Originally the area in what is now Ellington was named by the natives as “Weexskashuck” which translates to “Great Marsh”. The earliest settlers called the area Great Marsh or Goshen. In 1671, the town of Windsor, purchased the land of East Windsor and Ellington from the Indians to recover land loss from the Connecticut-Massachusetts border dispute. Though no one attempted to settle the fertile lands for another 50 years. Samuel Pinney was the first settler in today's Ellington (Pinney Road bears his name in town). In 1733, Ellington was established as a Parish of the town of Windsor. East Windsor then split off from Windsor and held land in what is today's East Windsor, South Windsor and Ellington in May 1768. Ellington split off twenty years later and incorporated itself in May 1786. Mostly known as an agricultural community, the Crystal Lake section of town was for a while a popular summer resort location.[2] Ellington still has a significant amount of property dedicated to agriculture including cattle and corn farming.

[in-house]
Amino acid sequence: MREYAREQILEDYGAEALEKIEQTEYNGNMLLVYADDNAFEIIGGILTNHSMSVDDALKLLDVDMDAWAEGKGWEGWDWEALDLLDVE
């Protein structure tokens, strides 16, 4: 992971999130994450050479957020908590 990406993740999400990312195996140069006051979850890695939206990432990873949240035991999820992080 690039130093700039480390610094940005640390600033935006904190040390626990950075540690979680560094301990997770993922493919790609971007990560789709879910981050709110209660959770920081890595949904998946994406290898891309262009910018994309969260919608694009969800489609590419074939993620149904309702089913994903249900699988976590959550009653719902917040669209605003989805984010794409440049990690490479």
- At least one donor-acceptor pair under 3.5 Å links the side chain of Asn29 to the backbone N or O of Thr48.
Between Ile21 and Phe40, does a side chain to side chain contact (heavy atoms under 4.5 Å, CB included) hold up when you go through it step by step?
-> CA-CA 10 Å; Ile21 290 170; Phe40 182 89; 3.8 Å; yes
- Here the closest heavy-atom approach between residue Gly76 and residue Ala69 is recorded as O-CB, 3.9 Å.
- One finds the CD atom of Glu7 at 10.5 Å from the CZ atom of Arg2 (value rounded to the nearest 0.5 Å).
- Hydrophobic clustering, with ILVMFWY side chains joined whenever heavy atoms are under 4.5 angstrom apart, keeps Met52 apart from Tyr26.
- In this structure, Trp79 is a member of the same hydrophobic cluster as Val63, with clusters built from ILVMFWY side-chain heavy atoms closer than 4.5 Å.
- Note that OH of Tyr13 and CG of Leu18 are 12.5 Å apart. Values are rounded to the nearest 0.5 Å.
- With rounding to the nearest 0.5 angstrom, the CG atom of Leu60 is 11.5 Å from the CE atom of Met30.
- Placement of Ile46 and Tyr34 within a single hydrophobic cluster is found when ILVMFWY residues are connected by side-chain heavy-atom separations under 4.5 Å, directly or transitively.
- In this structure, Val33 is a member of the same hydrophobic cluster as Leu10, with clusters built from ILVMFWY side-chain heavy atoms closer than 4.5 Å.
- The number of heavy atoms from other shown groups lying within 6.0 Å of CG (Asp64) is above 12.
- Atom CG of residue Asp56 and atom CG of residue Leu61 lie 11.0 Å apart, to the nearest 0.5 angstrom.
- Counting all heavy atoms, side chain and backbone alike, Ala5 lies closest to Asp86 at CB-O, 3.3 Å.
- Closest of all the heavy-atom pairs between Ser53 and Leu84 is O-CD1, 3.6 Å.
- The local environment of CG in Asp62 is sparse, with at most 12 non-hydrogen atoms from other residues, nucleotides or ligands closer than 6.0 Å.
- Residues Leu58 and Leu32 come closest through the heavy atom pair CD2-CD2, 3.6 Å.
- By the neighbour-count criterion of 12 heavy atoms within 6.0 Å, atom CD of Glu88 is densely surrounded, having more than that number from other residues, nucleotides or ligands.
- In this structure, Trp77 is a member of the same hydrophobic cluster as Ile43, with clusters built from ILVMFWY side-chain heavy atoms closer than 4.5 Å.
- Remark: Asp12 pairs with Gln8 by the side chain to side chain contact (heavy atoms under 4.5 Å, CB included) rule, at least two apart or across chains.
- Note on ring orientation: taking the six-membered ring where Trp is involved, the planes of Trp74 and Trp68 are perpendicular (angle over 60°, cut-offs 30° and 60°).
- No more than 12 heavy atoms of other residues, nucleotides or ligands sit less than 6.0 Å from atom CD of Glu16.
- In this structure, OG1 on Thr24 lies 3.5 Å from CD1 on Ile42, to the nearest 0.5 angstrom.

Ellington's sole representative to the voting on the adoption of the United States Constitution by Connecticut was Ebenezer Nash. Nash was an anti-federalist and voted against the ratification, which passed 128–40.[citation needed]

Ellington is home to one of America's oldest roadside memorials. A stone in the southwest corner of the town marks the site where Samuel Knight was killed "by a cartwheel rolling over his head in the 10th year of his age, Nov 8, 1812". The Christian hymn, "I love to steal awhile away" was written by Phoebe Hinsdale Brown in Ellington based on a personal experience in August 1818.